Chester, VT Science Teacher Speaks to National Educators’ Group

2016-06-29T10:51:14+00:00 August 22, 2005|
Dr. Rice spent seven weeks on board the research vessel JOIDES Resolution as part of a science team that studied hydrogeology and biology on the east flank of Juan de Fuca ridge.

(Click to enlarge image) Dr. Rice spent seven weeks on board the research vessel JOIDES Resolution as part of a science team that studied hydrogeology and biology on the east flank of Juan de Fuca ridge.

SAINT PAUL, MN – Dr. Jonathan Rice is a high school science teacher from Chester, VT who in 2004 had a first-hand experience as a Teacher at Sea onboard an international scientific expedition that is part of an oceanographic and undersea geologic research program that has transformed what we know about our planet. Earlier this month he addressed a gathering of the National Science Teachers Association (NSTA) during their 2005 National Congress on Science Education in Saint Paul, MN. During the school year, Dr. Rice provides a bridge between his students and the scientific exploration of his ocean-going endeavor. At the educators’ gathering, he served as that bridge for the science teachers.

Dr. Rice spent seven weeks on board the research vessel JOIDES Resolution as part of a science team that studied hydrogeology and biology on the east flank of Juan de Fuca ridge.

” It was an honor to be invited to address the NTSA and to be recognized for my participation in the Teacher at Sea program,” said Rice. The NSTA’s annual Congress is a summit of delegates from each of the Association’s 94 chapters and associated groups. Dr. Rice introduced special event keynote speaker Dr. Paul J. Fox, director of science operations at the Integrated Ocean Drilling Program (IODP) at Texas A&M University, who gave a presentation on IODP’s work titled “History of Our Planet Revealed: Stories Only Rocks Can Tell.”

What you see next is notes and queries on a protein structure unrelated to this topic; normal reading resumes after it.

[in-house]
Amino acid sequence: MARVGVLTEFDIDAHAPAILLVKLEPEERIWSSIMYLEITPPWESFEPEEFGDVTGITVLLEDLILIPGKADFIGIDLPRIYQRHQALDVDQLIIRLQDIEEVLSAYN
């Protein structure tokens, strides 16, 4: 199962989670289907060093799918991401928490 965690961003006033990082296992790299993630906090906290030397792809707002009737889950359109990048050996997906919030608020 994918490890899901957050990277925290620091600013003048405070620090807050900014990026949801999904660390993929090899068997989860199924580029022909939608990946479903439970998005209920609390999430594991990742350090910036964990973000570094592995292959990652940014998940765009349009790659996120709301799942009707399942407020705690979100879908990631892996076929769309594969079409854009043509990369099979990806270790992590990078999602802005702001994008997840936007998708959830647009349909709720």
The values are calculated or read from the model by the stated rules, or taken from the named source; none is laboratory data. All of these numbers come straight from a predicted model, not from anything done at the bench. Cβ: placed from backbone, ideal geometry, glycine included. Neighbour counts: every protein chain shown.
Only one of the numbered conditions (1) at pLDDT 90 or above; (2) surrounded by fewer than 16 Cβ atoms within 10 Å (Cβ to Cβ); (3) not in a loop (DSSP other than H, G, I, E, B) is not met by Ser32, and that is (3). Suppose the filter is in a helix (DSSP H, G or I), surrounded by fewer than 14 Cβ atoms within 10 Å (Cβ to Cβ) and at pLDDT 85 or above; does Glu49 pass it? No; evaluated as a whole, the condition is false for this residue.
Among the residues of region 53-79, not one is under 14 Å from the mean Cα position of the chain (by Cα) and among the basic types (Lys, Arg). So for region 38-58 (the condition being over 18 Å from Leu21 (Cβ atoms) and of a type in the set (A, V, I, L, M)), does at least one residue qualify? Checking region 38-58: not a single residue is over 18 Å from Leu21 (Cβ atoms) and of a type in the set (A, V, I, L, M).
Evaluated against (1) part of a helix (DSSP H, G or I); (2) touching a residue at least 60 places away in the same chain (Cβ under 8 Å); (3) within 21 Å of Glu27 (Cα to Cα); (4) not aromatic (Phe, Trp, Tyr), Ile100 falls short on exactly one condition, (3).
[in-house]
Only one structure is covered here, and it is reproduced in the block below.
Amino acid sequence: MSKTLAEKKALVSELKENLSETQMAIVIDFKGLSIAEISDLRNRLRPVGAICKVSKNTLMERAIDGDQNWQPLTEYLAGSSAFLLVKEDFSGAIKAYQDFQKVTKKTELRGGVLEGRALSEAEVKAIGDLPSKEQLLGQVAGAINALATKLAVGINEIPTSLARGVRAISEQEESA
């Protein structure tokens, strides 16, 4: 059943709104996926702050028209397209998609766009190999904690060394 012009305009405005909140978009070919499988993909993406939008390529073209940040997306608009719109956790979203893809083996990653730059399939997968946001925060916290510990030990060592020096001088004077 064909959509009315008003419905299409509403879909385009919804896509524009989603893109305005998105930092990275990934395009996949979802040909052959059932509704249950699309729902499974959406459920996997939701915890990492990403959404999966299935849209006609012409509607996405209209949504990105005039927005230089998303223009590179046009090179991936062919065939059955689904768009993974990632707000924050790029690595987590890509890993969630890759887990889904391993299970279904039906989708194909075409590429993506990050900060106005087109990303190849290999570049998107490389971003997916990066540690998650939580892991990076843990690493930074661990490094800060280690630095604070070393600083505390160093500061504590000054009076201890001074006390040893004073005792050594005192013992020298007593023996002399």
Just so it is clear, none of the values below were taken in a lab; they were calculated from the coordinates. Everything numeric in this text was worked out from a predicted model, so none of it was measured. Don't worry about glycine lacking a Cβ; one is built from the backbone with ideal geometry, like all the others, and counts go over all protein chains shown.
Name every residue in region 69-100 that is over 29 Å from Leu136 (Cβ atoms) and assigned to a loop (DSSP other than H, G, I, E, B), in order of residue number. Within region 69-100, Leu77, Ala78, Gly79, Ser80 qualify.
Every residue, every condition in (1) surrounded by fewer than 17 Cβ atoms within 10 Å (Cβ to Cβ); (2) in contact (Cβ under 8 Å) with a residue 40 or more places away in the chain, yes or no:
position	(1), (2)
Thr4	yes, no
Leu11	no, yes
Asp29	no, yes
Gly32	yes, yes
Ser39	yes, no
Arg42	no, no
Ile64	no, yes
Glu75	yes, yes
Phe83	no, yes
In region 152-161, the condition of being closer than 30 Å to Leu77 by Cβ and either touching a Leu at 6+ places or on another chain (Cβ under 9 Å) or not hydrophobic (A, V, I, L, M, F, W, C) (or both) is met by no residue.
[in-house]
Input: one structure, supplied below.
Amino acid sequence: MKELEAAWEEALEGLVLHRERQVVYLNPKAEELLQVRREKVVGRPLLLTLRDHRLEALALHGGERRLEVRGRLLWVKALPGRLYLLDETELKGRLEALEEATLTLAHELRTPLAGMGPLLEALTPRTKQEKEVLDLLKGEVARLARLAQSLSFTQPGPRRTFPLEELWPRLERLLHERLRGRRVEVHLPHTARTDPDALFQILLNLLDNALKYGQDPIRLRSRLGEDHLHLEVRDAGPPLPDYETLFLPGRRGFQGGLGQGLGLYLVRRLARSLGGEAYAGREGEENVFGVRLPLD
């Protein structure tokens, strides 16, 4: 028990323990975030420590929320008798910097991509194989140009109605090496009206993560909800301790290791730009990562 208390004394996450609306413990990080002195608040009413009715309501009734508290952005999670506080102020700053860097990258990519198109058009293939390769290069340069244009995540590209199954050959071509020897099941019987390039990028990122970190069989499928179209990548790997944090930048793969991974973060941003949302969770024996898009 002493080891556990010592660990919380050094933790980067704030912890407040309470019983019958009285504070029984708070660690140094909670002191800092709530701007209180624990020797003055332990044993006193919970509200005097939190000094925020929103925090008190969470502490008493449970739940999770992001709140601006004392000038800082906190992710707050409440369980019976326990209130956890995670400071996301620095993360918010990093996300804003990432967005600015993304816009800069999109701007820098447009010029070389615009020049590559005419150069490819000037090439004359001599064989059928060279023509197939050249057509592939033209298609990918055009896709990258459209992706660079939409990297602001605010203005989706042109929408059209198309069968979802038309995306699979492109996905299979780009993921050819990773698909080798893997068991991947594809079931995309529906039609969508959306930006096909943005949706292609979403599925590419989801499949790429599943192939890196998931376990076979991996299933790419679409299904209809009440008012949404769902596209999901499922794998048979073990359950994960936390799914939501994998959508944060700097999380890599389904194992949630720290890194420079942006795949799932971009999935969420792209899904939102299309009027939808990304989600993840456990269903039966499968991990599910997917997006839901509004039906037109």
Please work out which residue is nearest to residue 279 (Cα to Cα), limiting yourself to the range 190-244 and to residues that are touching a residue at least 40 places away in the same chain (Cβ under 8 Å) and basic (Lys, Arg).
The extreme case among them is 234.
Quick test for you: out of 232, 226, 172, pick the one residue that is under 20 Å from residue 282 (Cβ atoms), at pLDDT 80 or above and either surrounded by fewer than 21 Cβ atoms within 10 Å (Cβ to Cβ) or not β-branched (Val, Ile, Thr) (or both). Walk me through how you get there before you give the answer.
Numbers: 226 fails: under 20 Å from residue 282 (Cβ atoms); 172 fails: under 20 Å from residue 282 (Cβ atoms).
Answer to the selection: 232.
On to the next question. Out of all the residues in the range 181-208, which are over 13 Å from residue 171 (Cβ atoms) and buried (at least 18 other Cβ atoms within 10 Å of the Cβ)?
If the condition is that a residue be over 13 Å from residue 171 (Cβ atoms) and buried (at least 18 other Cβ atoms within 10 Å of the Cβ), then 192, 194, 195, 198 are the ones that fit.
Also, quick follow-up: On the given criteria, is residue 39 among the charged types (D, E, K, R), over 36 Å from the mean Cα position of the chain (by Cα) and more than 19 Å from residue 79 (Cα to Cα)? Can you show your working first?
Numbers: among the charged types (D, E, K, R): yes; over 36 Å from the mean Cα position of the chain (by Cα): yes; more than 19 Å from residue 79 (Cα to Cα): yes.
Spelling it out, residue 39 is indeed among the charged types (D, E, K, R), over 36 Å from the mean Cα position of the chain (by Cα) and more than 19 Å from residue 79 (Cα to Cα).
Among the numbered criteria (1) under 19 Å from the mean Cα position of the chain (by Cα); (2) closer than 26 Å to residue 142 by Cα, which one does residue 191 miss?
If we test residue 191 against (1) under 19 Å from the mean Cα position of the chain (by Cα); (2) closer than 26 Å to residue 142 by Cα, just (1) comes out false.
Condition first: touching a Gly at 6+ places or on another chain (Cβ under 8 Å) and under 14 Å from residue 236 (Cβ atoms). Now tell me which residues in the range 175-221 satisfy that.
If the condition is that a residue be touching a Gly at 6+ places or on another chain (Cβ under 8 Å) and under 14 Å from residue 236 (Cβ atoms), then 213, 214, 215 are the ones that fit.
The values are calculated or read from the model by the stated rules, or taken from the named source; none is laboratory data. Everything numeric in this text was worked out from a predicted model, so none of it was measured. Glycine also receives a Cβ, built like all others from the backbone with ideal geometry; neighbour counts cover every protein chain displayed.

Among Dr. Rice’s many goals for his Teacher at Sea experience has been to complete a series of shipboard laboratory briefs designed to describe the various areas of scientific research conducted on his expedition. The laboratory briefs, recently posted online at http://www.iodp-usio.org/Education/lab_briefs.html, are now a valuable resource for all science teachers, their students, and scientists preparing to set sail on upcoming research expeditions.

Expeditions under the IODP and its predecessor programs have validated the theory of plate tectonics, provided virtually everything we know about the Earth’s climate older than 500,000 years ago and recovered evidence of the asteroid impact that wiped out the dinosaurs 65 million years ago.

The U.S. sponsored Teacher at Sea program provides educators an opportunity to participate in IODP expeditions. Teachers work side-by-side with scientists using state-of-the-art approaches to solve scientific problems of global interest and gain first-hand knowledge of the results of seagoing science expeditions.

The Integrated Ocean Drilling Program (IODP) is an international marine research drilling program dedicated to advancing scientific understanding of the Earth by monitoring and sampling subseafloor environments. Through multiple platforms, scientists explore IODP’s principal themes: the deep biosphere, environmental change, and solid earth cycles. IODP drilling platforms are operated by the Joint Oceanographic Institutions Alliance (JOI, Texas A&M University, and Lamont-Doherty Earth Observatory of Columbia University), Japan’s Center for Deep Earth Exploration, and the European Consortium for Ocean Research Drilling. IODP’s initial 10-year, $1.5 billion program is supported by two lead agencies, the U.S. National Science Foundation and Japan’s Ministry of Education, Culture, Sports, Science, and Technology; by ECORD, and China’s Ministry of Science and Technology.